Weekly Update – Social commentary at Fleisher Challenge 1

This week’s Weekly has my review of Wind Fleisher Challenge 1 at Fleisher Art Memorial. Below is the copy with some pictures. More photos at flickr. And see our interview with Tim Belknap here.

Timothy Belknap
Tim Belknap’s hand-built ice cream truck with its pineapple greenhouse on wheels at the Fleisher Challenge.

With the exception of shopping mall artist Thomas Kinkade, most contemporary artists have a complicated relationship with beauty. The artists of the first Wind Fleisher Challenge are no exception: None of their works could be considered beautiful by traditional standards.

Timothy Belknap
Solar panel on top of ice cream truck. The artist likes working with other people, letting them contribute what they’re good at and like to do.

But beauty is not always the point in contemporary art. The point is more often a message about an urgent issue or feeling. What’s felt here is anger and resignation. Whether it’s Cheryl Harper’s ceramic caricatures of Bill and Hillary Clinton, Timothy Belknap’s post-apocalyptic fairy tale installation or John Slaby’s hand-painted cigarette packages, this work is fueled by social and political concerns.

Timothy Belknap
FM Transmitter, last in line in this little post-apocalyptic parade.

Belknap’s installation is a theatrical tableau featuring three full-scale fantasy vehicles: an ice cream truck, a mobile greenhouse growing a pineapple and a striped ball on wheels (that doubles as an FM transmitter). In one corner of the room a skeleton in farmer’s clothing kneels in a flower bed while being caught in headlights from the vehicles. On a wall, a small photograph of a child with a horror mask is a macabre family portrait.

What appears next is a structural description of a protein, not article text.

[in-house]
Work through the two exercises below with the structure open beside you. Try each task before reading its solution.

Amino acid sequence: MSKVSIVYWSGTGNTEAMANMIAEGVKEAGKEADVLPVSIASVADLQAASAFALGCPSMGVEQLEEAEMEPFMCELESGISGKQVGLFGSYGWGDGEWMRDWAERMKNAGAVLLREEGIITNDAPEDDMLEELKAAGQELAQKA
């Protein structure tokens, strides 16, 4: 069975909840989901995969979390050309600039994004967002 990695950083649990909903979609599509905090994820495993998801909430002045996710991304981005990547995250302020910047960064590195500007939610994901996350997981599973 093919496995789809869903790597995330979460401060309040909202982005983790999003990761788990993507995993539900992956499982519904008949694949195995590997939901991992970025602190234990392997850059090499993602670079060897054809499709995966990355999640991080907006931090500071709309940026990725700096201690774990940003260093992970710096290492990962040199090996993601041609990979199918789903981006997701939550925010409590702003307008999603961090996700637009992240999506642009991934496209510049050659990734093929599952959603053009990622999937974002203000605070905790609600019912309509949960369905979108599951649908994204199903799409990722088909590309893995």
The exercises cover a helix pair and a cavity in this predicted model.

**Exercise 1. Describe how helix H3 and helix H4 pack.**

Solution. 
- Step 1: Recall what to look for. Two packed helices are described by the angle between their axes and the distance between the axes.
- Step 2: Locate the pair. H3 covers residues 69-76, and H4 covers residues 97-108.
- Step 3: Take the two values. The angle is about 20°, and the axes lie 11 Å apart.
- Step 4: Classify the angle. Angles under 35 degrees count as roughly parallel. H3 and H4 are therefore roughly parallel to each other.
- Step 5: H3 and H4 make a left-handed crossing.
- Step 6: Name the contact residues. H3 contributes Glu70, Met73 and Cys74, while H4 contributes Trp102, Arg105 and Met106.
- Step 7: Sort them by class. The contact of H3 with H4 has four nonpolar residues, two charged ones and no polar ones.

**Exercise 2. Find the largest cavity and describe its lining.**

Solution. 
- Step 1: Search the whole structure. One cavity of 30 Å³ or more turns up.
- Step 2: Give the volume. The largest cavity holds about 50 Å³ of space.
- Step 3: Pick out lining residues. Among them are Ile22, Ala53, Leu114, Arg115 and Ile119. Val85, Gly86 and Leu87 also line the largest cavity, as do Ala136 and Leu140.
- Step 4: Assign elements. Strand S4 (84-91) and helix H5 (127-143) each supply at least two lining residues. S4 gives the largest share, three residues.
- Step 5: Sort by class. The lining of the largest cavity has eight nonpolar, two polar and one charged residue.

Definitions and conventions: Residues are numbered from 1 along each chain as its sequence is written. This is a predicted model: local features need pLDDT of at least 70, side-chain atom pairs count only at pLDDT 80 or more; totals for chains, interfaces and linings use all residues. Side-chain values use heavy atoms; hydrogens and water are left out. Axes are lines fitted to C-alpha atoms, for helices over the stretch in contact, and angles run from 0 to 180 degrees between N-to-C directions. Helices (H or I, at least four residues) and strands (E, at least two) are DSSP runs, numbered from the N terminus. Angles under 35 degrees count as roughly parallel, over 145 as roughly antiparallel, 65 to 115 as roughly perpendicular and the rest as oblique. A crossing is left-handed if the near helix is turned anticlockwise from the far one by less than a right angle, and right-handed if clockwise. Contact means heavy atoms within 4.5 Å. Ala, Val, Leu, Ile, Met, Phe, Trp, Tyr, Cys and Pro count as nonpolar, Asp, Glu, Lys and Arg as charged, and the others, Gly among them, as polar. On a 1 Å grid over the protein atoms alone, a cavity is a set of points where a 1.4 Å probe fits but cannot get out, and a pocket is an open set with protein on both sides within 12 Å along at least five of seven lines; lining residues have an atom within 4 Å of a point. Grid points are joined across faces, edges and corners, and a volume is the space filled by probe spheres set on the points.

Timothy Belknap
Pineapple power. Belknap grew the plant and is hoping it will flower soon.

The very loose narrative, says the artist, is about Mr. Bolt, an ice cream truck entrepreneur at the end of the world and his conflicted relationship with children whom he loves during the day and fears at night. Mr. Bolt is a puppeteer and his truck is a hybrid vehicle, part solar and part diesel. His pineapple plant will feed the children and the FM transmitter—its logo is emblazoned with the words “do not give up”—plays a wan and reedy acapella rendering of “Somewhere Over the Rainbow.”

Do not give up might might be the theme for this slippery narrative that’s a visual art cousin of Cormac McCarthy’s The Road.  Belknap – who does not know the McCarthy book but did refer to Mad Max in a discussion we had, built the ambitious set piece himself (with the help of some friends).  The young artist (Tyler MFA 2006) has a dark sense of humor that reflects the times.

Cheryl Harper's The Teaching Gore, 2007. stoneware, 31x12x12"
Cheryl Harper’s The Teaching Gore, 2007. stoneware, 31x12x12″

Iconoclastic stoneware figures by Cheryl Harper lampoon political leaders and politics. In her artist’s statement Harper says she’s disappointed by people in Washington who could be role models but aren’t. Hillary Clinton is skewered as a scary smiling sphinx; her husband Bill is half rockstar/half businessman and far less noble than the dog next to him; Al Gore is a barefoot messiah and born-again preacher of ecology.

Cheryl Harper
Bill n’ Buddy. 2008. stoneware, dog leash, approximately 27x20x10″ (two figures)

Republicans get theirs too, although the piece focuses mainly on Democrats. There are also two large landscape works, but these pieces are less successful at representing the artist’s anger.

John Slaby
Two of John Slaby’s painted cigarette packages.

Most people wouldn’t look twice at an exhibit of 37 real cigarette packs on a wall. But John Slaby’s trompe l’oeil painted and constructed cigarette boxes are virtuoso works that slow you down and sucker you in. Slaby’s not a smoker but he picks up discarded packs from the street for his models. Whatever the work’s about—anti-smoking or anti-litter, perhaps—these painted pieces raise thoughts about how good design sells bad things.

John Slaby
John Slaby, painted cigarette packages

Wind Fleisher Challenge 1.
Through Nov. 22.
Fleisher Art Memorial, 719 Catharine St.